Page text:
New ANWR Legislation Introduced
The debate over opening the Arctic National Wildlife Refuge (ANWR) to petroleum exploration continues. Rep. Bruce Vento (D-MN) introduced H.R. 1239, the Morris K. Udall Wilderness Act, on March 23rd with 116 bipartisan cosponsors. The bill would prohibit drilling in any part of ANWR and is named after the former chairman of the House Interior and Insular Affairs (now Resources) Committee who passed away earlier this year. In his opening remarks, Rep. Vento stated: "thanks to the late chairman Mo Udall's perseverance and dedication to the environment, the Arctic Refuge has been spared from the oil companies and the scarring effects of oil and gas exploration. We must remain united and continue his legacy to fight for the permanent preservation of the Arctic Refuge's coastal plain. Preventing the exploitation of the coastal plain is one of many solutions that can be employed today to protect Alaska's natural beauty and to prevent another tragedy similar to the one that occurred in Prince William Sound ten years ago," referring to the Exxon Valdez oil spill. The bill is not supported by the Alaska delegation, which remains committed to developing the resources in the so-called 1002 Area of the coastal plain in ANWR. More information at

Congress Hears Oil Industry Concerns
With recent oil prices lower in constant dollars than they were in the 1950's, many oil producers have been making trips to Washington, DC to bring their plight before Congress. Five committees in the House and the Senate have held hearings on the oil patch crisis during February and March. The industry's plight was summed up in a graphic analogy by Texas independent producer John Bell in his testimony at one such hearing: domestic oil production is cut and will continue to bleed profusely until Congress can come to industry's aid like an EMT crew in an ambulance. The majority of American sentiment, however, has been more influenced by record low prices at the pump. Americans filling up on cheap gasoline are not inclined to listen closely to warnings that these prices -- now starting to rise again -- are forcing domestic producers out of work. Rep. Wes Watkins (R-OK) testified: "Since October of 1997, our domestic oil and gas industry has lost 57,000 jobs."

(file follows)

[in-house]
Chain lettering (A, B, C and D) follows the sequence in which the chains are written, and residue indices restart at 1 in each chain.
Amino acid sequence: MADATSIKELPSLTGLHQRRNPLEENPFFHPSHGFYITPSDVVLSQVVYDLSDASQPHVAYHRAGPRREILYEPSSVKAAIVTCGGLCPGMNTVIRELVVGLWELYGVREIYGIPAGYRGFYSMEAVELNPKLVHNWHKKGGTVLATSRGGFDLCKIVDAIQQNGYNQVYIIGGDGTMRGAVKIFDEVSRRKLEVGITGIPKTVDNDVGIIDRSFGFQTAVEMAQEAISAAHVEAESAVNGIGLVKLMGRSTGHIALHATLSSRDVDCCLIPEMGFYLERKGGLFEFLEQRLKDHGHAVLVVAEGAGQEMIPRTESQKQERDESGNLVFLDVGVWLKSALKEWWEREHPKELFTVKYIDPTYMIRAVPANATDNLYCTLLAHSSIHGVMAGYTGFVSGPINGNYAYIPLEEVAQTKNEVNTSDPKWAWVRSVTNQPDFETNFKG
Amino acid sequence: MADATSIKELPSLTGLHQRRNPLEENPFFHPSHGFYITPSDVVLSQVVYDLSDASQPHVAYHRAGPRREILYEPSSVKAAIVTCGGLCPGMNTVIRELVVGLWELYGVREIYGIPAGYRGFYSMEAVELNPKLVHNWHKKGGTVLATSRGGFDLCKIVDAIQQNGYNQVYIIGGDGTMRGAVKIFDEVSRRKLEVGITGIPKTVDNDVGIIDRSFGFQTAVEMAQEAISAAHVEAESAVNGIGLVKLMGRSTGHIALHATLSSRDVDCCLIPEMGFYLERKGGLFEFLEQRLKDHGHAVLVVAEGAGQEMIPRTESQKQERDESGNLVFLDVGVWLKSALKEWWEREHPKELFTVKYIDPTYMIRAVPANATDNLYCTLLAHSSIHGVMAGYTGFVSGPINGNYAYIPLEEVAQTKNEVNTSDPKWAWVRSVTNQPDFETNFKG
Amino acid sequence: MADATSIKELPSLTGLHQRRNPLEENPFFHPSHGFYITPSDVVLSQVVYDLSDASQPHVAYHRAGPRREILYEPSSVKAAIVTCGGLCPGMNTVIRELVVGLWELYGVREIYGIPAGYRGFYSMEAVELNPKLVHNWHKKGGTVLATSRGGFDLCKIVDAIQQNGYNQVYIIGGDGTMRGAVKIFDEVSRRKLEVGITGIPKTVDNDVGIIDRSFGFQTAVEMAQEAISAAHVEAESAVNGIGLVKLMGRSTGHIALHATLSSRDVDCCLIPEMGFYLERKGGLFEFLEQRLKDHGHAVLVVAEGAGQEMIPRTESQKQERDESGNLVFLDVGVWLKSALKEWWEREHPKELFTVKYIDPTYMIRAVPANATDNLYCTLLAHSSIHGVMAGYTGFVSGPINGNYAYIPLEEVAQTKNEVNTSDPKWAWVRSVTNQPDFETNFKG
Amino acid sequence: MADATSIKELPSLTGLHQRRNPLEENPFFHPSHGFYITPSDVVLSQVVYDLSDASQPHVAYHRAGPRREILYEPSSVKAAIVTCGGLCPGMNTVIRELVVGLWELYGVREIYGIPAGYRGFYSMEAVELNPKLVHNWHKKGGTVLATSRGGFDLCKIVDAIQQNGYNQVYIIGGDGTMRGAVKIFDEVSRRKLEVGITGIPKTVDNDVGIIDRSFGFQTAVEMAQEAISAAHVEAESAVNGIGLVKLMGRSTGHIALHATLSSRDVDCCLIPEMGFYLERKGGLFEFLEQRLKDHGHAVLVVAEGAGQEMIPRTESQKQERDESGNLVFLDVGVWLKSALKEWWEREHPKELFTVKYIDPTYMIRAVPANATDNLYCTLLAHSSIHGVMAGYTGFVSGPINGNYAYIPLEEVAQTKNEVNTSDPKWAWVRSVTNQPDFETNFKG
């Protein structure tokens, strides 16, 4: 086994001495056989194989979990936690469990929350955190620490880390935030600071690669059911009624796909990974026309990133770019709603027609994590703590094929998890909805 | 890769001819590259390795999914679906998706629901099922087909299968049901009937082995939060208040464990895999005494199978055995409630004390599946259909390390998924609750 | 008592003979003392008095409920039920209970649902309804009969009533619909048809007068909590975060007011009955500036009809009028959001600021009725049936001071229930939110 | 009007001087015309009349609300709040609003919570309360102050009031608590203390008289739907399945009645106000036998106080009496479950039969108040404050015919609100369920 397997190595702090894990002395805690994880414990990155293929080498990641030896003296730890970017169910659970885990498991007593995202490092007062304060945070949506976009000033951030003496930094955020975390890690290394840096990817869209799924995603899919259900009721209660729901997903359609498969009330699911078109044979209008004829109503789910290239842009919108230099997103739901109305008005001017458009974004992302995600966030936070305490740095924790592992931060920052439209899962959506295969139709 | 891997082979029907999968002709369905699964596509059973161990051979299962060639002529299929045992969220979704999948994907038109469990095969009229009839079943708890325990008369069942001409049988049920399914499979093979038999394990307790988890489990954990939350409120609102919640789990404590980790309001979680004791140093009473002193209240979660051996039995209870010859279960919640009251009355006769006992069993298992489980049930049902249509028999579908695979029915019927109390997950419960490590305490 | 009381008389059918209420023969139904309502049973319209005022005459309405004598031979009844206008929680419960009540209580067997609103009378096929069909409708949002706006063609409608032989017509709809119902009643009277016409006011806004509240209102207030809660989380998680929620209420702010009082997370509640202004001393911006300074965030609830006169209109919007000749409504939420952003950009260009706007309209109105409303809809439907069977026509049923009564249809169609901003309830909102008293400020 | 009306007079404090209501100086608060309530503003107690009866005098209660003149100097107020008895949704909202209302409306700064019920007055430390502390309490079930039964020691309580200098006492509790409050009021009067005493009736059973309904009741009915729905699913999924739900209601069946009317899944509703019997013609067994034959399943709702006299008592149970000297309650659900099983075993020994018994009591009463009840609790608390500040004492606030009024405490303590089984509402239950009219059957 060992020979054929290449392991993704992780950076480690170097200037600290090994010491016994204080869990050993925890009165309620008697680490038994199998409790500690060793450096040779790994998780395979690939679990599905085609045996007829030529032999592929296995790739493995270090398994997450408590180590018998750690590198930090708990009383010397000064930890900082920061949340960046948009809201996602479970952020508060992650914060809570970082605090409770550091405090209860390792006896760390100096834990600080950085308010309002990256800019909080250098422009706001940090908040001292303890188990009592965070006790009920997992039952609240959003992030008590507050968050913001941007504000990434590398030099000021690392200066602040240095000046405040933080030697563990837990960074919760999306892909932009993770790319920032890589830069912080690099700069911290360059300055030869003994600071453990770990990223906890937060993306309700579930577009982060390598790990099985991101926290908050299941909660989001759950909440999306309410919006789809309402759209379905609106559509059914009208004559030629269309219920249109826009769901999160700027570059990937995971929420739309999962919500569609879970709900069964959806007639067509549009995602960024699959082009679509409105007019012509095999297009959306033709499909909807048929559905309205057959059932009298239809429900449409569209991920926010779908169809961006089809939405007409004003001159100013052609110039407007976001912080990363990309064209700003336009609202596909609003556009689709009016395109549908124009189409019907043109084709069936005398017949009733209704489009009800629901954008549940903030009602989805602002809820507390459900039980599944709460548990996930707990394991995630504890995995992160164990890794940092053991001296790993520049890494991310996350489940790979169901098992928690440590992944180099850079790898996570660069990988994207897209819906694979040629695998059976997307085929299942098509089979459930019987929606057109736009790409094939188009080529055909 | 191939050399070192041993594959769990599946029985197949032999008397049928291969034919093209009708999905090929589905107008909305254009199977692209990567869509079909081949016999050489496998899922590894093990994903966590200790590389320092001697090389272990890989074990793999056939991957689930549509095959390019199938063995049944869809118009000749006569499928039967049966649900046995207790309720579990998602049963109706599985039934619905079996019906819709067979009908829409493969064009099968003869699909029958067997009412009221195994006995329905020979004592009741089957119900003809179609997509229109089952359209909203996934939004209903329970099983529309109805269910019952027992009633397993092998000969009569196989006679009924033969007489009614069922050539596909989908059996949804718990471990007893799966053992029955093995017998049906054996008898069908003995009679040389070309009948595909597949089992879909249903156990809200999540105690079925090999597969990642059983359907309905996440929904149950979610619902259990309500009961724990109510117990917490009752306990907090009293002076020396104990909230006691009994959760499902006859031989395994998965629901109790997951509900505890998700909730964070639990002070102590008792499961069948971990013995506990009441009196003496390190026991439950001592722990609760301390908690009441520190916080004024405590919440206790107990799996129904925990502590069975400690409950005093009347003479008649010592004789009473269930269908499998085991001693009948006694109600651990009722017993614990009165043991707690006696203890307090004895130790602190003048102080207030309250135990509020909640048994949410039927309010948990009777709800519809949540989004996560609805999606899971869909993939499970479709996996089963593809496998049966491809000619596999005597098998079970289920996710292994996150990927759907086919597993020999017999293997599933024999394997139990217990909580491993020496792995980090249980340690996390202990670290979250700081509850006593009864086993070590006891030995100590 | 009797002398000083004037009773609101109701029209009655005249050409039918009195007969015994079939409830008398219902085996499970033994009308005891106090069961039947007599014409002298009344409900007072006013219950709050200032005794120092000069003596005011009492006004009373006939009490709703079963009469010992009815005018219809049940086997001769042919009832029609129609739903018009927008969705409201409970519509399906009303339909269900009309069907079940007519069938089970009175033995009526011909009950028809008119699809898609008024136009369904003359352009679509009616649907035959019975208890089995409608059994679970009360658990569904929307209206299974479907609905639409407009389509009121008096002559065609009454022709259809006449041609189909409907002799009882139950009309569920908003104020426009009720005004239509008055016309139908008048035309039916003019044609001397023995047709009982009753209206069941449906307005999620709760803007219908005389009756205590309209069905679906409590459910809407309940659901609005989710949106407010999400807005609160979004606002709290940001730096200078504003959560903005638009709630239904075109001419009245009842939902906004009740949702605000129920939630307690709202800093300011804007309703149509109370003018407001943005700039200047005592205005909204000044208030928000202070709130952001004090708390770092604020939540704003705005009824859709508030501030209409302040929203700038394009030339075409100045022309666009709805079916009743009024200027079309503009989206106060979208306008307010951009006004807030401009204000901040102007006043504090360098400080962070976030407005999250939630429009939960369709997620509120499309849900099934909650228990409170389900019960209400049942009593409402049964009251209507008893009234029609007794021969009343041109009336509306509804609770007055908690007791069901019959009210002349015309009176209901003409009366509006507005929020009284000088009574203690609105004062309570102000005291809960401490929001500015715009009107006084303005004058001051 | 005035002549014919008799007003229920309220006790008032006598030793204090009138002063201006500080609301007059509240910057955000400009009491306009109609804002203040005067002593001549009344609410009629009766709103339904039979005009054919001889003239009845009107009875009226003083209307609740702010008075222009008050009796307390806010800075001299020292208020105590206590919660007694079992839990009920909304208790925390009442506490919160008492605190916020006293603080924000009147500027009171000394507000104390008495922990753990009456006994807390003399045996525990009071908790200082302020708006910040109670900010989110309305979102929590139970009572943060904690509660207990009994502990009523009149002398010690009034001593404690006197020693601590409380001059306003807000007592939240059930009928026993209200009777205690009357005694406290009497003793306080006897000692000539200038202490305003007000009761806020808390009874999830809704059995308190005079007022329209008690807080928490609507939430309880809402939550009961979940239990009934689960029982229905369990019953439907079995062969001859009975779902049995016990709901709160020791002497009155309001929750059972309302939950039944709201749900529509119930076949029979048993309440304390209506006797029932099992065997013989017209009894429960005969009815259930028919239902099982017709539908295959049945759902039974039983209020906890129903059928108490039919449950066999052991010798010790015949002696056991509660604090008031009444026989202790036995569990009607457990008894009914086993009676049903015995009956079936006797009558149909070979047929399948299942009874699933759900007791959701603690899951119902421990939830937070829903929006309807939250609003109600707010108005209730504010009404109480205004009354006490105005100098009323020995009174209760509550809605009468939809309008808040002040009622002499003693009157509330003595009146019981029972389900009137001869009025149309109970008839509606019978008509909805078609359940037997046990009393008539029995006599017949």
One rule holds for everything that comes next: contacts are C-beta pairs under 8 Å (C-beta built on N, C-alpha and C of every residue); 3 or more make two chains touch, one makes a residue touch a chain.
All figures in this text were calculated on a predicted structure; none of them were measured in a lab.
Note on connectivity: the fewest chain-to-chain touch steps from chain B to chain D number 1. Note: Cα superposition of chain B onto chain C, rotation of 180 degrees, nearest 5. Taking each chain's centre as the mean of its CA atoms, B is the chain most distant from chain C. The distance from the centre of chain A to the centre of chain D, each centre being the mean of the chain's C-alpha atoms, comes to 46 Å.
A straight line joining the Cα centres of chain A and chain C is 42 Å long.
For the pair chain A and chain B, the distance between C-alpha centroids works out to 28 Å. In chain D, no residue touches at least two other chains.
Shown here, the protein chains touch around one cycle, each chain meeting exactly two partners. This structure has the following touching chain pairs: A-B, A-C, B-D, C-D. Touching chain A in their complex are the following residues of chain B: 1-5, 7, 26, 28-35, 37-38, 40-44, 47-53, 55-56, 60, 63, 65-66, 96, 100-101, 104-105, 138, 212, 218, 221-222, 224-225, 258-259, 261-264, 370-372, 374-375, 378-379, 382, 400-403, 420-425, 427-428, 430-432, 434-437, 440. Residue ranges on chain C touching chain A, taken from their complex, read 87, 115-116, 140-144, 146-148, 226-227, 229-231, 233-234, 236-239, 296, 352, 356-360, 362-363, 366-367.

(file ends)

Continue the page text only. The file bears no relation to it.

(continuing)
At a time when the United States is engaged in military actions in the Middle East and the Balkans, producers and legislators are also raising national security concerns over increased US dependency on foreign sources of oil. The Senate Energy and Natural Resources and Foreign Relations Committees held a joint hearing on the return of Iraqi oil to world markets -- portrayed by Jay Hakes of the Department of Energy's Energy Information Administration as one of the main reasons for weak industry prices. The return has come about as a result of the US oil-for-food program, enacted as a means for Iraq to acquire food and medical supplies under the current sanction conditions. At several of the hearings, senators and representatives voiced their opposition to Administration plans to remove current caps on the program, questioning assertions by Administration officials that the change would not have a significant effect on world prices. Rep. Joe Barton (R-TX) noted that the recent increase in world oil prices were caused by OPEC decreasing its oil production by 2.2 million barrels -- the same amount of oil that Iraqi production currently places on the market. Ranking Democrat Ralph Hall (TX) of the House Energy and Power Subcommittee stated that he would do all he could to kill the oil-for-food policy, which he described as "consorting with the enemy."